Farm & Heavy Equipment, General & Estate
One of the biggest auction advantages for buyers is control and transparency. As a buyer, you are in control, deciding when to bid and how high or low you are willing to go. Auctions allow you to buy property and items at a price achieved competitively against other bidders in a transparent process. Auction results are also immediate. If your bid is successful, the property or item belongs to you. We have some tips below that will help buyers have a successful experience at auctions.
The two have very little in common. Auctions are different from retail because auctions are governed by federal laws, state laws, Uniform Commercial Codes and city ordinances. When you bid at an auction you actually enter a legal contract.
To bid at an auction, you need to register before the auction begins. You give your name, address and phone number and may have to make a deposit if you are bidding on real estate. In return, you receive a bidding number. This helps us keep track of who won what item.
Know how much you are bidding and whether you are bidding against your spouse, parent, sibling or friend. Although you can retract a bid while the bidding is open, you cannot retract it once the auctioneer has said "sold." Auctioneers expect you to take full responsibility for your bids.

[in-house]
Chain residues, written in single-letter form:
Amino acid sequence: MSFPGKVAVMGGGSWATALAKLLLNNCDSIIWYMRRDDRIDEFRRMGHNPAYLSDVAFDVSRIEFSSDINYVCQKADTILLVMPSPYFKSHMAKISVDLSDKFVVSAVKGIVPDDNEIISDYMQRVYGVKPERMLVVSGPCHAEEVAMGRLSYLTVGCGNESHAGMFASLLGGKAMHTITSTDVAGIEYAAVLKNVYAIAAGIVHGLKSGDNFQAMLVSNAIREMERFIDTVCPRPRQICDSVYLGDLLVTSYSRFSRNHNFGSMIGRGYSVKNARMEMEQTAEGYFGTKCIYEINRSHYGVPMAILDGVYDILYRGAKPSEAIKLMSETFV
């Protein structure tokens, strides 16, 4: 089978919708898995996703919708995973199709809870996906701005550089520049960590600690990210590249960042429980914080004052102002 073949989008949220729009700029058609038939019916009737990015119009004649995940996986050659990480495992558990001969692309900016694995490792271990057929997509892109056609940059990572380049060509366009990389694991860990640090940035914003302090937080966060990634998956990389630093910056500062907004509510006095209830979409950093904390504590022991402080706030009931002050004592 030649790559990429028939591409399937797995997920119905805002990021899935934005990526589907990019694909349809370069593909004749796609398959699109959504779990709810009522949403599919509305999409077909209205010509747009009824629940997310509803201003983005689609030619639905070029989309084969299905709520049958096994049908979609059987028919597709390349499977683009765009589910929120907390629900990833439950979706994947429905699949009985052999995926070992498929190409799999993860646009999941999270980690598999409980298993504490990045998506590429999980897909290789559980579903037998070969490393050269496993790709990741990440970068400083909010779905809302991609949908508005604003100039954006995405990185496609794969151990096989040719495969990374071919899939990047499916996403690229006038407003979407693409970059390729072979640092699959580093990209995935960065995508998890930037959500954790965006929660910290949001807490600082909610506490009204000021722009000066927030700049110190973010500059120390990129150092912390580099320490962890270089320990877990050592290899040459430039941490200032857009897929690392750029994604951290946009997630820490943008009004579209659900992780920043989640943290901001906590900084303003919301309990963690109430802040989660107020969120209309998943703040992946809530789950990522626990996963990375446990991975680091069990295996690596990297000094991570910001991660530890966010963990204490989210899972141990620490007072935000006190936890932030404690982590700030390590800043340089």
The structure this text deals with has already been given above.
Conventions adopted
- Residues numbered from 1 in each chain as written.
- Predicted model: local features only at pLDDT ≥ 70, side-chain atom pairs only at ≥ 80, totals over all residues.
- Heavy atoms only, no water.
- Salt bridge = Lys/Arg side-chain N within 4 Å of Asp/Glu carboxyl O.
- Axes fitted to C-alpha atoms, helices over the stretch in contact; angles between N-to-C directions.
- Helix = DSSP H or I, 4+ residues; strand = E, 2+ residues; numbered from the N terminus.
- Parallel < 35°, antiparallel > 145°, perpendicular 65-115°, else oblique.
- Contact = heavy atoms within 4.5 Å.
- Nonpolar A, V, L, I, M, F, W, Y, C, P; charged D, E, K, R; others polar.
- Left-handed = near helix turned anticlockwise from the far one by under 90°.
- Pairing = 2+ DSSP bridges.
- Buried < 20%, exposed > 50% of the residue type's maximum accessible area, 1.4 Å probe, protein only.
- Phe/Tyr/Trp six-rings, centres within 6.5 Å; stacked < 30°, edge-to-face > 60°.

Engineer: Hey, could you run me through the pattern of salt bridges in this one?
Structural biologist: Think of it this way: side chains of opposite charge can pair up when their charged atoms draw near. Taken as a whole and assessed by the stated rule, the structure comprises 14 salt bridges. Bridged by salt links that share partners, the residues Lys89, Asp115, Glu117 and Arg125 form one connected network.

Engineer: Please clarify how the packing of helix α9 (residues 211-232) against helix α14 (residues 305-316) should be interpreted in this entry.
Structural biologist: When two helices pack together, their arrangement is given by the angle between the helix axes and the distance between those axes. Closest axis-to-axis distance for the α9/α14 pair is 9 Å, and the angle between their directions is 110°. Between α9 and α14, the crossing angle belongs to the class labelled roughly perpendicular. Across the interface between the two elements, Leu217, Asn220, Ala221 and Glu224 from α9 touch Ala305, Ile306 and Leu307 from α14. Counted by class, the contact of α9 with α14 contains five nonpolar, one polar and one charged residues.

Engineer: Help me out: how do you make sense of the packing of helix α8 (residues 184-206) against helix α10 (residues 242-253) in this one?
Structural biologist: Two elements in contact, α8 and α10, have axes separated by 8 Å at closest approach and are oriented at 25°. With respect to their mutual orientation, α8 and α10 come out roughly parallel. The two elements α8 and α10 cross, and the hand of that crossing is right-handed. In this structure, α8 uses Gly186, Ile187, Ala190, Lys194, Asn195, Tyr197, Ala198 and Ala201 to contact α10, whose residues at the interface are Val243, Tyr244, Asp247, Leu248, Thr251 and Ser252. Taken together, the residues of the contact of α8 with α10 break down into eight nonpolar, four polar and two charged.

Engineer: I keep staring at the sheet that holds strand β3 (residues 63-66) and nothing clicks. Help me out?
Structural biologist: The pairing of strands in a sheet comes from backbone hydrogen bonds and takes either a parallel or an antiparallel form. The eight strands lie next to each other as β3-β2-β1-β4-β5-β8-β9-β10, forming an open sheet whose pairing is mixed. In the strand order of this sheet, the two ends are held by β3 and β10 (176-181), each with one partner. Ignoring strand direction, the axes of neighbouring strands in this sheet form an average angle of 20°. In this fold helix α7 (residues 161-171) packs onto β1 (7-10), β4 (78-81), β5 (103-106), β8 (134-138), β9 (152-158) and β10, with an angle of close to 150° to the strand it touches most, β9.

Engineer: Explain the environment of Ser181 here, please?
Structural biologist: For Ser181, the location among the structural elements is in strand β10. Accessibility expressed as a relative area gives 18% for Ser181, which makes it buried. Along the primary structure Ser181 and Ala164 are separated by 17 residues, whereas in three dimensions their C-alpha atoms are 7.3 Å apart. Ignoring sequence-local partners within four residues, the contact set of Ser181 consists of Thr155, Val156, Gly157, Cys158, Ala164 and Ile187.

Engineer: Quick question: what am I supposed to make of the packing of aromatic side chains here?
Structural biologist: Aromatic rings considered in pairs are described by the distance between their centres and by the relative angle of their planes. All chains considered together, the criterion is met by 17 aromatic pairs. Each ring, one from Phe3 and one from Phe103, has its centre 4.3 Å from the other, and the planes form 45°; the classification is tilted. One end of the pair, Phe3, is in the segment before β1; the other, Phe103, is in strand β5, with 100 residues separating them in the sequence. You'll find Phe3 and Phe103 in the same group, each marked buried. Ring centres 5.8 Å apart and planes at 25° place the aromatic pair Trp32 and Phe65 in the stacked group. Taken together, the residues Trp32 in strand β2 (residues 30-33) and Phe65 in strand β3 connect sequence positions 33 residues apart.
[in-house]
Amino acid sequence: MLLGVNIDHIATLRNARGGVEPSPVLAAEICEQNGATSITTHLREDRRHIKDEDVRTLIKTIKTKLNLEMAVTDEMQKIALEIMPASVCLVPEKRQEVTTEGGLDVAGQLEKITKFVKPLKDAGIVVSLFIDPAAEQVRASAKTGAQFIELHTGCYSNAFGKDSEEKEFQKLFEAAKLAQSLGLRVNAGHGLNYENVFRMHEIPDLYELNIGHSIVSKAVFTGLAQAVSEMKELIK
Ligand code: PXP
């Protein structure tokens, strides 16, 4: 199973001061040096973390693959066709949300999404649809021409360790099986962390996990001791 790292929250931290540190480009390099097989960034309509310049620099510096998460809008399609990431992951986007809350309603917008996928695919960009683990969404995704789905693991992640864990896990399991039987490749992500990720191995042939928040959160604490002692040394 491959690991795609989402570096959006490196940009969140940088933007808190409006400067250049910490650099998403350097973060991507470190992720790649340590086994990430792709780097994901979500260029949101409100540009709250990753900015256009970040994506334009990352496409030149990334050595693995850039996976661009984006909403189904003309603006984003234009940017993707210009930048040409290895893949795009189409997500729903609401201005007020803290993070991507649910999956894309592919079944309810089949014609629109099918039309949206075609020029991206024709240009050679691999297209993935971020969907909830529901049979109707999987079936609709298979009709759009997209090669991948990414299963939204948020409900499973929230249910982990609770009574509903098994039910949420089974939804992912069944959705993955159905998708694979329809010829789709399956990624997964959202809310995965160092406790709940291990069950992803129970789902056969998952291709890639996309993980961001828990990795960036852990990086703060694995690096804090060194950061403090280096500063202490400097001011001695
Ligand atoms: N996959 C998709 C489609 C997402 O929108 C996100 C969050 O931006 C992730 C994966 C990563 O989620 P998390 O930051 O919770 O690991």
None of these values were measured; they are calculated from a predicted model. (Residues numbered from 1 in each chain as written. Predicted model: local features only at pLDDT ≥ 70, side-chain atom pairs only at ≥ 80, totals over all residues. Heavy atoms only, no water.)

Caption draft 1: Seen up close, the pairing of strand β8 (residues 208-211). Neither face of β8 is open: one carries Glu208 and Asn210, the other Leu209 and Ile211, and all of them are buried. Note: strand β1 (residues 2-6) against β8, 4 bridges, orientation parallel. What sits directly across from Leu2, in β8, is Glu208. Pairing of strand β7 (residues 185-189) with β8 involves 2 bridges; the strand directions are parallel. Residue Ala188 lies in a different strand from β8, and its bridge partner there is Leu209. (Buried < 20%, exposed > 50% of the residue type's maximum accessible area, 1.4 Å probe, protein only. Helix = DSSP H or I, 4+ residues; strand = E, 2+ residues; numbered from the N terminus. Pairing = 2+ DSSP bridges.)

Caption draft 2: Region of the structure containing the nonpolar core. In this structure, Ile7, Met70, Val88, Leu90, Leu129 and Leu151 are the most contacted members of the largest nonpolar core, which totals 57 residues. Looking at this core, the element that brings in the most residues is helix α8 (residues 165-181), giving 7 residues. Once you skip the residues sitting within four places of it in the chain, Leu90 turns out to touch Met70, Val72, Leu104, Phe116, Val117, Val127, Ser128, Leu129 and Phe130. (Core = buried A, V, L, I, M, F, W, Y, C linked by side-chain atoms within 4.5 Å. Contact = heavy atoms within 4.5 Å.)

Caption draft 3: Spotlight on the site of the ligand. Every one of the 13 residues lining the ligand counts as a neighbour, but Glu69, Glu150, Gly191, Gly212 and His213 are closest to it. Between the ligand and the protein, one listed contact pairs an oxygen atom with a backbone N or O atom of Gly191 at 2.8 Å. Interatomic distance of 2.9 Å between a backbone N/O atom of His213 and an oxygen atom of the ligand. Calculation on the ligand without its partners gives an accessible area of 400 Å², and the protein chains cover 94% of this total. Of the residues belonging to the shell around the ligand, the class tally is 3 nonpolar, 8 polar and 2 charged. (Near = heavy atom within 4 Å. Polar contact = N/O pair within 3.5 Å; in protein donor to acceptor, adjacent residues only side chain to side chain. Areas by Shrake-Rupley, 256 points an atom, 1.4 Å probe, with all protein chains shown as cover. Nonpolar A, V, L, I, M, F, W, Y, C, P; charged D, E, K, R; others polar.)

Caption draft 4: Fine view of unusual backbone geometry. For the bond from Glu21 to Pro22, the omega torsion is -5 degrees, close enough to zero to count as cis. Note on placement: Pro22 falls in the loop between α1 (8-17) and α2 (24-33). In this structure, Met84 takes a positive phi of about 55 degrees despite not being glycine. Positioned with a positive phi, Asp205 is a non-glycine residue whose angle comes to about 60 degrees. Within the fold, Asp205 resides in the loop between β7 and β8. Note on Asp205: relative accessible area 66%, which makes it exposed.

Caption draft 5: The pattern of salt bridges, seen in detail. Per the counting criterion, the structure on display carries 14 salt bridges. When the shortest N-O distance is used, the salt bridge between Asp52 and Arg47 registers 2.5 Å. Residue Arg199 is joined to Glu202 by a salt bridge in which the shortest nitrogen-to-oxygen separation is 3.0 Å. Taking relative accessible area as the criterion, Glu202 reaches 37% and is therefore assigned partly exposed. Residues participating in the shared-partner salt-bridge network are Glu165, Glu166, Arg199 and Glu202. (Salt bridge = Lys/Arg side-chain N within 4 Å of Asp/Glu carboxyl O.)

Know what you are bidding on by closely inspecting each item before the auction. Use your own evaluation of the item, rather than comments by the auctioneer or other bidders. Auction items are sold “as is” with no guarantees of any kind from the seller or auctioneer.
Both buyers and sellers benefit from good auction momentum. Auctioneers have the right to reject any bid amount that would slow the bidding. Auctioneers cannot wait for slow bidders, so know in advance what you want to buy and how much your bid limit is. You could miss out on an item you wanted if you don’t stay with the auction pace.
Don’t be shy about bidding loud and large. Make certain the auctioneer is aware you are bidding because the auctioneer may be taking bids from someone in front of or behind you. Once the auctioneer says "sold," the item is gone even if you are willing to continue bidding. While spotters are there to help the auctioneer spot bids and will signal your bid to the auctioneer, make sure it is apparent that you are bidding.
When the auction starts, you will hear a ringman call out a lot number and give a brief description of the item. The auctioneer will begin selling the item and will ask for you to bid. The auctioneer continues to go up in increments until the item has been sold. Once the bidding has closed, the auctioneer will say "sold" and state the winning bidder’s number and the final selling price.
During the auction, clerks record the description of your items and your buyer number as well as the amount you paid for the item.
Auctions are generally cash only transactions so you will be required to pay for your purchases with cash, good check or certified funds check. If you have questions about what forms of payment are accepted, make sure you contact the auctioneer prior to the auction.